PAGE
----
While everything may be bigger in Texas, some reports about the “Great Pacific Garbage Patch” would lead you to believe that this marine mass of plastic is bigger than Texas—maybe twice as big as the Lone Star State, or even twice as big as the continental U.S.
For NOAA, a national science agency, separating science from science fiction about the Pacific garbage patch (and other “garbage patches”) is important when answering people’s questions about what it is and how we should deal with the problem. (For the record, no scientifically sound estimates exist for the size or mass of these garbage patches.)
The NOAA Marine Debris Program’s Carey Morishige takes down two myths floating around with the rest of the debris about the garbage patches in a recent post on the Marine Debris Blog:
- There is no “garbage patch,” a name which conjures images of a floating landfill in the middle of the ocean, with miles of bobbing plastic bottles and rogue yogurt cups. Morishige explains this misnomer:
While it’s true that these areas have a higher concentration of plastic than other parts of the ocean, much of the debris found in these areas are small bits of plastic (microplastics) that are suspended throughout the water column. A comparison I like to use is that the debris is more like flecks of pepper floating throughout a bowl of soup, rather than a skim of fat that accumulates (or sits) on the surface.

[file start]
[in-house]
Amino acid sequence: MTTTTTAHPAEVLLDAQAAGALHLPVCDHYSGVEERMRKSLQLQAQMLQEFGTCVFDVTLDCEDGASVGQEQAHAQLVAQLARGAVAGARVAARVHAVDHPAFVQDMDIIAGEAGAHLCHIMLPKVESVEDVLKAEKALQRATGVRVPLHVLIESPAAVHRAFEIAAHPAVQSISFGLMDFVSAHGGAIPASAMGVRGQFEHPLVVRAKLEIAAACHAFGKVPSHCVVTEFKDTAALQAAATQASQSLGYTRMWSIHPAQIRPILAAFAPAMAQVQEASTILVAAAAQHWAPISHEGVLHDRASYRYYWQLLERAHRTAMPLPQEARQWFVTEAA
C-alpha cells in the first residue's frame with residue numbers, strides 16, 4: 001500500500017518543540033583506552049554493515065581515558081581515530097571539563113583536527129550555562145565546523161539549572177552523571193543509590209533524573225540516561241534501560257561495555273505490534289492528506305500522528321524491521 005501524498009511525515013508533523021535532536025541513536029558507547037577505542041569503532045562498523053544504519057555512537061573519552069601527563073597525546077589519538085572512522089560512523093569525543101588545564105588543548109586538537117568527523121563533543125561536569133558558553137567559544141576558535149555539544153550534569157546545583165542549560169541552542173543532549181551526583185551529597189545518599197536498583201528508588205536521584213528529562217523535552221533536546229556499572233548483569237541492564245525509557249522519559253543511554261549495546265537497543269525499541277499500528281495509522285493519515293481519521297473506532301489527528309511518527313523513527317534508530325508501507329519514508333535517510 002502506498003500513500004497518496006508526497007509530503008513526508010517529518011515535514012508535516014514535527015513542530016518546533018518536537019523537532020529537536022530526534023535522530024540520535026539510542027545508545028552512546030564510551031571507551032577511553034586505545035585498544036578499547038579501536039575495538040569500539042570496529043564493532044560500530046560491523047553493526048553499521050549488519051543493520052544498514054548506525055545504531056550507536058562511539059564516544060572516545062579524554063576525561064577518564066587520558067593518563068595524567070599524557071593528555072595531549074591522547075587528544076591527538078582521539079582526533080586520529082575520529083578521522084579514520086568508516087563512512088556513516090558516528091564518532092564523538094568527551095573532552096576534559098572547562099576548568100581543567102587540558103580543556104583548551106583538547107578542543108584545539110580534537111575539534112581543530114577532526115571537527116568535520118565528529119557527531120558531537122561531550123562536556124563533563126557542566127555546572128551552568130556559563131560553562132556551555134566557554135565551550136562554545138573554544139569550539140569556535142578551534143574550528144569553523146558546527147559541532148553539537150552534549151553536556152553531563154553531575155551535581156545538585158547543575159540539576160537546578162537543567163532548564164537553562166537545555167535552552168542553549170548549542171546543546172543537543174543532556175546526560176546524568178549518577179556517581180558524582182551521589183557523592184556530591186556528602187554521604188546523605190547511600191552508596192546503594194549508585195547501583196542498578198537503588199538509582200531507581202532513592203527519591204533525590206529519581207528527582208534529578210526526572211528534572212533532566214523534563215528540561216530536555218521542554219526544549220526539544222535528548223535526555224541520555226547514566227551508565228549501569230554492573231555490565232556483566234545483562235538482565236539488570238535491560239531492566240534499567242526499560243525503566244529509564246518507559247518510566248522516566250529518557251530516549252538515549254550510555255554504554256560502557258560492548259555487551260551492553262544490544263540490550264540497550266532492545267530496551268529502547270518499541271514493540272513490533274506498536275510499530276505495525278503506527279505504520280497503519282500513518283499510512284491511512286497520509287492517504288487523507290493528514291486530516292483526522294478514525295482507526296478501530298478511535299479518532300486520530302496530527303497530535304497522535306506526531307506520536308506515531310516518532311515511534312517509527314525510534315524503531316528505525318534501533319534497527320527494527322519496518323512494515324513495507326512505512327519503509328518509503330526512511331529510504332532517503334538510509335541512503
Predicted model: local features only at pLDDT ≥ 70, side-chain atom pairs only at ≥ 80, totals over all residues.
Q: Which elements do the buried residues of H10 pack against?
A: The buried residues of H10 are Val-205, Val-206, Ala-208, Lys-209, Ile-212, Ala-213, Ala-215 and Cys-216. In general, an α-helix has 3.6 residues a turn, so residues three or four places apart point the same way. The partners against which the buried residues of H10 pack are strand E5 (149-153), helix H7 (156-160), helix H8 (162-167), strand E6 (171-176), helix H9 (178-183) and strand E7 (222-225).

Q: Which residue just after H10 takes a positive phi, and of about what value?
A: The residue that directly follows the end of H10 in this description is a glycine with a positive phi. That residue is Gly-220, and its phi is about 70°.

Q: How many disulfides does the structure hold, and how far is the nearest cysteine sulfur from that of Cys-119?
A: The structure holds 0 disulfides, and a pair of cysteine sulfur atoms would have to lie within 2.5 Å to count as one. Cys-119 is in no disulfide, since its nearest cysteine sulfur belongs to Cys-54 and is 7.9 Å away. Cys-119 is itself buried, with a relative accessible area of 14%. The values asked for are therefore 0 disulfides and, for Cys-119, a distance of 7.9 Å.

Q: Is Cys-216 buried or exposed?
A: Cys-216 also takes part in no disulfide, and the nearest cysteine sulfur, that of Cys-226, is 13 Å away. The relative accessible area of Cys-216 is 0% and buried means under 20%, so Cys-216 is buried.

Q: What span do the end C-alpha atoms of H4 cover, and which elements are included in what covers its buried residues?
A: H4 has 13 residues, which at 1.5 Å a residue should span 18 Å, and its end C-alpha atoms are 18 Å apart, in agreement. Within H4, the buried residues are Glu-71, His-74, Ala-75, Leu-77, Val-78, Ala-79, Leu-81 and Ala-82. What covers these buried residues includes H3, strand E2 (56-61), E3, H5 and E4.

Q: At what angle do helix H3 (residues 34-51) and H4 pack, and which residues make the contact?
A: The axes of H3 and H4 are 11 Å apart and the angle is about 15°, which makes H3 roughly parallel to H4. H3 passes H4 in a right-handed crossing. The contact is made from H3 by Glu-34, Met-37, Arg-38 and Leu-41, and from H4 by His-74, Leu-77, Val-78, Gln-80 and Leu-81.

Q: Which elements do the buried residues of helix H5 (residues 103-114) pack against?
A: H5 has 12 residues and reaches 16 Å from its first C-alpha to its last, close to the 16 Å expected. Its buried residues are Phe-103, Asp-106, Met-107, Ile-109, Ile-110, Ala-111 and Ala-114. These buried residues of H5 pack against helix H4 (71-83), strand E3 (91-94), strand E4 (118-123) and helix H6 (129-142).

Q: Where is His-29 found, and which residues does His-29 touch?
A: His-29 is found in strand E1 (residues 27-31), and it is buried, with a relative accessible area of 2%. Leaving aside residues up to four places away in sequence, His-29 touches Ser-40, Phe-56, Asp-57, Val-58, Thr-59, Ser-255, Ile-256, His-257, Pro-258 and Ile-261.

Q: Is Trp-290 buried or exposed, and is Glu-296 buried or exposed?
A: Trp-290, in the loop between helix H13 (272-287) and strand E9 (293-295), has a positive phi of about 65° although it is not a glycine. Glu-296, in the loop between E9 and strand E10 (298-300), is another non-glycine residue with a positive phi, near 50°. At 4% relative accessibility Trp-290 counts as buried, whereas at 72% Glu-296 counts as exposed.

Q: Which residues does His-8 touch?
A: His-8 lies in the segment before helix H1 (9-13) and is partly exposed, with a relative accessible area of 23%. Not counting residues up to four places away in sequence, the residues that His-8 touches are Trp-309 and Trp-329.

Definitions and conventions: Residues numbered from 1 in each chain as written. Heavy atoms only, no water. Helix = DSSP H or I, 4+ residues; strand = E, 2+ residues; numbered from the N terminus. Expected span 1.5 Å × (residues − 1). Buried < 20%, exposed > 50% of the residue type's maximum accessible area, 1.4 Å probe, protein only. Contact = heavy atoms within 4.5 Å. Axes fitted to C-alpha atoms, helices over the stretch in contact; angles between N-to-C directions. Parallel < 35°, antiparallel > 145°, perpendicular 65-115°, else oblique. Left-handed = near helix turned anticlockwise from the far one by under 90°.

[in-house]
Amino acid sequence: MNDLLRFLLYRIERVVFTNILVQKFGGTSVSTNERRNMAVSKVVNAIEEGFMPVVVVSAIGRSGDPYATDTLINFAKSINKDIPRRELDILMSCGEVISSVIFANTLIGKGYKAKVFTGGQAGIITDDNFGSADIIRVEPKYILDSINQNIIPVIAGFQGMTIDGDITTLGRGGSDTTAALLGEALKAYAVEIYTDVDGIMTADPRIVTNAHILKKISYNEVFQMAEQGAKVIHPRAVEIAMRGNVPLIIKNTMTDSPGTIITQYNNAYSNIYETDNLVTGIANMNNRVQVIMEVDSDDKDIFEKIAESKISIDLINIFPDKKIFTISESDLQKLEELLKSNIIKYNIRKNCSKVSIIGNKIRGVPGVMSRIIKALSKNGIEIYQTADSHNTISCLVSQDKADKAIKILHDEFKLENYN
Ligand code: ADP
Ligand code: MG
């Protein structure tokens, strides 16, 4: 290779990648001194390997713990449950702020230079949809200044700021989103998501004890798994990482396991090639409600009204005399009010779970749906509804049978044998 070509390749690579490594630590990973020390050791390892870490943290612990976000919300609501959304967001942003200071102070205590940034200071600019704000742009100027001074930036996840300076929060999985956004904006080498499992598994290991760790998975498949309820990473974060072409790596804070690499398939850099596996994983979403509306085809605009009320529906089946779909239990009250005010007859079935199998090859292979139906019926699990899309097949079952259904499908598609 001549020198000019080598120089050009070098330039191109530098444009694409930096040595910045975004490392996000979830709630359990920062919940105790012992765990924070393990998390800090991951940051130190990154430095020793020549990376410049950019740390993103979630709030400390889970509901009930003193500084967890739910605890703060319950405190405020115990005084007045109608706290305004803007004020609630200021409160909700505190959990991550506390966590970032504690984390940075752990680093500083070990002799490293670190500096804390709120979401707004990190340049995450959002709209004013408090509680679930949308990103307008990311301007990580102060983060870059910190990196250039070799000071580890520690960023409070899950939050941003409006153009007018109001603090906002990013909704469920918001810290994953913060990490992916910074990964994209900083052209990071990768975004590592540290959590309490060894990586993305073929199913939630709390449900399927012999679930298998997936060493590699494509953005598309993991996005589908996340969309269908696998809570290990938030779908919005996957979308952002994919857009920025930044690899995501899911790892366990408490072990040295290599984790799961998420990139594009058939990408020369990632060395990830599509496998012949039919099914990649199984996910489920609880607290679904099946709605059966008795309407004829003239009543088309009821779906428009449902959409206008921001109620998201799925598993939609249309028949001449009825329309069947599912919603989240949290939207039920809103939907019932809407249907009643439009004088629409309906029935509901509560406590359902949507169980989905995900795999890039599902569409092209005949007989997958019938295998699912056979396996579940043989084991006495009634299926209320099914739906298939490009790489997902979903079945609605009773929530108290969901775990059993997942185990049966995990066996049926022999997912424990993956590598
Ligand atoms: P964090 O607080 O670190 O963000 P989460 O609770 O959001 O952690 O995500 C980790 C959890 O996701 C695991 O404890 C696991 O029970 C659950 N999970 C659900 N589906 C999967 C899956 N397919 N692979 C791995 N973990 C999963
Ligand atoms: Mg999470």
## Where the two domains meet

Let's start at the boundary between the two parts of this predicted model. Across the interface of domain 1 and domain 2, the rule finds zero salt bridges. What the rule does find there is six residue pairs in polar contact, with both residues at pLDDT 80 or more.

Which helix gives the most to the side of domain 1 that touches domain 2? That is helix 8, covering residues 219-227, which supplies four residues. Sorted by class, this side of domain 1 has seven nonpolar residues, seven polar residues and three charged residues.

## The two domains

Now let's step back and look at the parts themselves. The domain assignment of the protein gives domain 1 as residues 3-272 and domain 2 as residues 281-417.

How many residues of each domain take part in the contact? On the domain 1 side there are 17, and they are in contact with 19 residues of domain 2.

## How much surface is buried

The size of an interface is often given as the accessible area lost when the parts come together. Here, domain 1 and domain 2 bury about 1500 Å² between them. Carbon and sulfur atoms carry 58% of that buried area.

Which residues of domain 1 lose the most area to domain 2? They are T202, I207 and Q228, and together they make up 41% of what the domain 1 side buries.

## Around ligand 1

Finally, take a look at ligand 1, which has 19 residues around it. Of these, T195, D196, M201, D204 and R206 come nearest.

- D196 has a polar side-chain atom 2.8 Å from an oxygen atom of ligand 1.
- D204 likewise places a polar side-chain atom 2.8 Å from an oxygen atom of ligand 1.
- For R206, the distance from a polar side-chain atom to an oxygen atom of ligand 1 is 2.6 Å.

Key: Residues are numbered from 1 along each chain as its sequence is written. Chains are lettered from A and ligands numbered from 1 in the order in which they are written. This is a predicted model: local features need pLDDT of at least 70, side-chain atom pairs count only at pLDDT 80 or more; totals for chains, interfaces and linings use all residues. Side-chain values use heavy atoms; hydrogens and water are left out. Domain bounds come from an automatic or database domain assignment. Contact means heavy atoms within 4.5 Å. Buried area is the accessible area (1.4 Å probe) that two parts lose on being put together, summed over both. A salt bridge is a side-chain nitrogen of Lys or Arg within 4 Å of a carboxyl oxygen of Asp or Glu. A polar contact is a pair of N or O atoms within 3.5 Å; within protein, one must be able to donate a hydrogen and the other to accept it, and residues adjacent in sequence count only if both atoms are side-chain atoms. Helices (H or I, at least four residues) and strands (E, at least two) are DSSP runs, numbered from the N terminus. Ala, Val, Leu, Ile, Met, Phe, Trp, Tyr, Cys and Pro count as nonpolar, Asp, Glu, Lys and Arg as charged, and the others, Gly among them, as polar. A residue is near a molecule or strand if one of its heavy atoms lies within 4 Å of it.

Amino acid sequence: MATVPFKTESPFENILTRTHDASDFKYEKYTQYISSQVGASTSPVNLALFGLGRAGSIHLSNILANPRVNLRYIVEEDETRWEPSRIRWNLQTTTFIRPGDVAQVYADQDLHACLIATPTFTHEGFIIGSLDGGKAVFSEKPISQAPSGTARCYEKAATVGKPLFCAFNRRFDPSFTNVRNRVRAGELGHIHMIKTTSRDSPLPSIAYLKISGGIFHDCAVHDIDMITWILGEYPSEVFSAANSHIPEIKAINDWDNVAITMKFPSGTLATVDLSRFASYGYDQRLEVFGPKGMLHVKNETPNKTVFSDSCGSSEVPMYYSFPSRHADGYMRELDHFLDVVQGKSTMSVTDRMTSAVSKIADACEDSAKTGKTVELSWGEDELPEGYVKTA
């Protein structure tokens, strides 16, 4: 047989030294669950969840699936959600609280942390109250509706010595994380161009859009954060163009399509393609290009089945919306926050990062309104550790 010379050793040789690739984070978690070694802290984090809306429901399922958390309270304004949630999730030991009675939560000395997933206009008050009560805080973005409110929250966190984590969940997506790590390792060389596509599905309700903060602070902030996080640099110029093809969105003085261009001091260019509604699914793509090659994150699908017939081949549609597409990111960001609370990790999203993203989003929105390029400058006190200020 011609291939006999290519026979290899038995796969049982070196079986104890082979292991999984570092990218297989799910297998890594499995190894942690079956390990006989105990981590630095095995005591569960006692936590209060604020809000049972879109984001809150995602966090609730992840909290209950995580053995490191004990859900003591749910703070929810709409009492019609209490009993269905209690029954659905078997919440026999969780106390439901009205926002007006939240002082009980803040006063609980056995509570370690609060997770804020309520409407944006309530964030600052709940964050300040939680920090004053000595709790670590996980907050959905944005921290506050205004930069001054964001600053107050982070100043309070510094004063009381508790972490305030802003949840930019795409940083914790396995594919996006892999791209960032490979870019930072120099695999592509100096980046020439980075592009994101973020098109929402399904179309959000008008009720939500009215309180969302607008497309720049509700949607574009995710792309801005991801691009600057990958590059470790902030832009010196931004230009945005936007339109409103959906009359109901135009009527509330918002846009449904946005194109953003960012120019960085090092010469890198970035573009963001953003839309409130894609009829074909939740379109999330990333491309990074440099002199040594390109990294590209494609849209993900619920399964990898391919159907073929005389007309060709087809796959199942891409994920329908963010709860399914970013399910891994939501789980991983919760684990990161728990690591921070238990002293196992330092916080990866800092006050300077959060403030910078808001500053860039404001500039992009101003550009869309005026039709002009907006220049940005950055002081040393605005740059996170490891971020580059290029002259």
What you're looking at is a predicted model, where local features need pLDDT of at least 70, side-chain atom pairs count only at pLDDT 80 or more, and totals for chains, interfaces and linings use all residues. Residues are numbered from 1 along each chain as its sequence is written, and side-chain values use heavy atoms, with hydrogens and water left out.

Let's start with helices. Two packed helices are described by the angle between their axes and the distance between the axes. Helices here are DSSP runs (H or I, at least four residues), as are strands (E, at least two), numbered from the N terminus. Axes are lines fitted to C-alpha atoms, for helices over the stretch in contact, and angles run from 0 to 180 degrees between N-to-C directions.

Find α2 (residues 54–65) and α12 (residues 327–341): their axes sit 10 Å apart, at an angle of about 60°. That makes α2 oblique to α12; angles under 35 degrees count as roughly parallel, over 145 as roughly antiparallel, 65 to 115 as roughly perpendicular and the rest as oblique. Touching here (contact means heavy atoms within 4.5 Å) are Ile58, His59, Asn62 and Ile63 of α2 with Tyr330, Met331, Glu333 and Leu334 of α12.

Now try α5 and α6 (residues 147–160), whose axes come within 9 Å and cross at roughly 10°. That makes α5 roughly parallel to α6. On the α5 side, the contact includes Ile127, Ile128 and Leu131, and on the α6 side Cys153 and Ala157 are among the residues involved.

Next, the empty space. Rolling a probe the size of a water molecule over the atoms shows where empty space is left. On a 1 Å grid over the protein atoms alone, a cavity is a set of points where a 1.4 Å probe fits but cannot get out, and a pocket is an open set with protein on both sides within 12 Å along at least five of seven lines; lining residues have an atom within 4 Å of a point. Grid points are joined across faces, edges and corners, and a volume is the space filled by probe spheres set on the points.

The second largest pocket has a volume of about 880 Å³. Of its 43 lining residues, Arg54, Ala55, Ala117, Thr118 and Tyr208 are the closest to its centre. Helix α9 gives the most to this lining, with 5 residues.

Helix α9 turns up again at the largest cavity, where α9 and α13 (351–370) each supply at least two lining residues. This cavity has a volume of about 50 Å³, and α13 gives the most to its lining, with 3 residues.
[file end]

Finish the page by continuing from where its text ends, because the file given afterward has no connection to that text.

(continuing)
She’s not downplaying the significance of microplastics. They are nearly ubiquitous today—degrading into tiny bits from a range of larger plastic items* and now turning up in everything from face scrubs to fleece jackets. Yet their impacts on marine life mostly remain a big unknown.
- There are many “garbage patches,” and by that, we mean that trash congregates to various degrees in numerous parts of the Pacific and the rest of the ocean. These natural gathering points appear where rotating currents, winds, and other ocean features converge to accumulate marine debris, as well as plankton, seaweed, and other sea life. (Find out more about these “convergence zones” in the ocean and a NOAA study of marine debris concentrations in the North Pacific Subtropical Convergence Zone [PDF].)
Any way you look at these “peppery soups” of plastic in the Pacific, none of the debris should be there. The NOAA Marine Debris website and blog have lots of great information and references if you want to learn more about the garbage patch issue.
Next up, Morishige digs into how feasible it is to clean up the so-called garbage patches.
*Updated July 10, 2012. **Updated Jan. 28, 2013 to correct a statement incorrectly identifying the North Pacific Subtropical Convergence Zone as what is referred to as the “Great Pacific Garbage Patch.”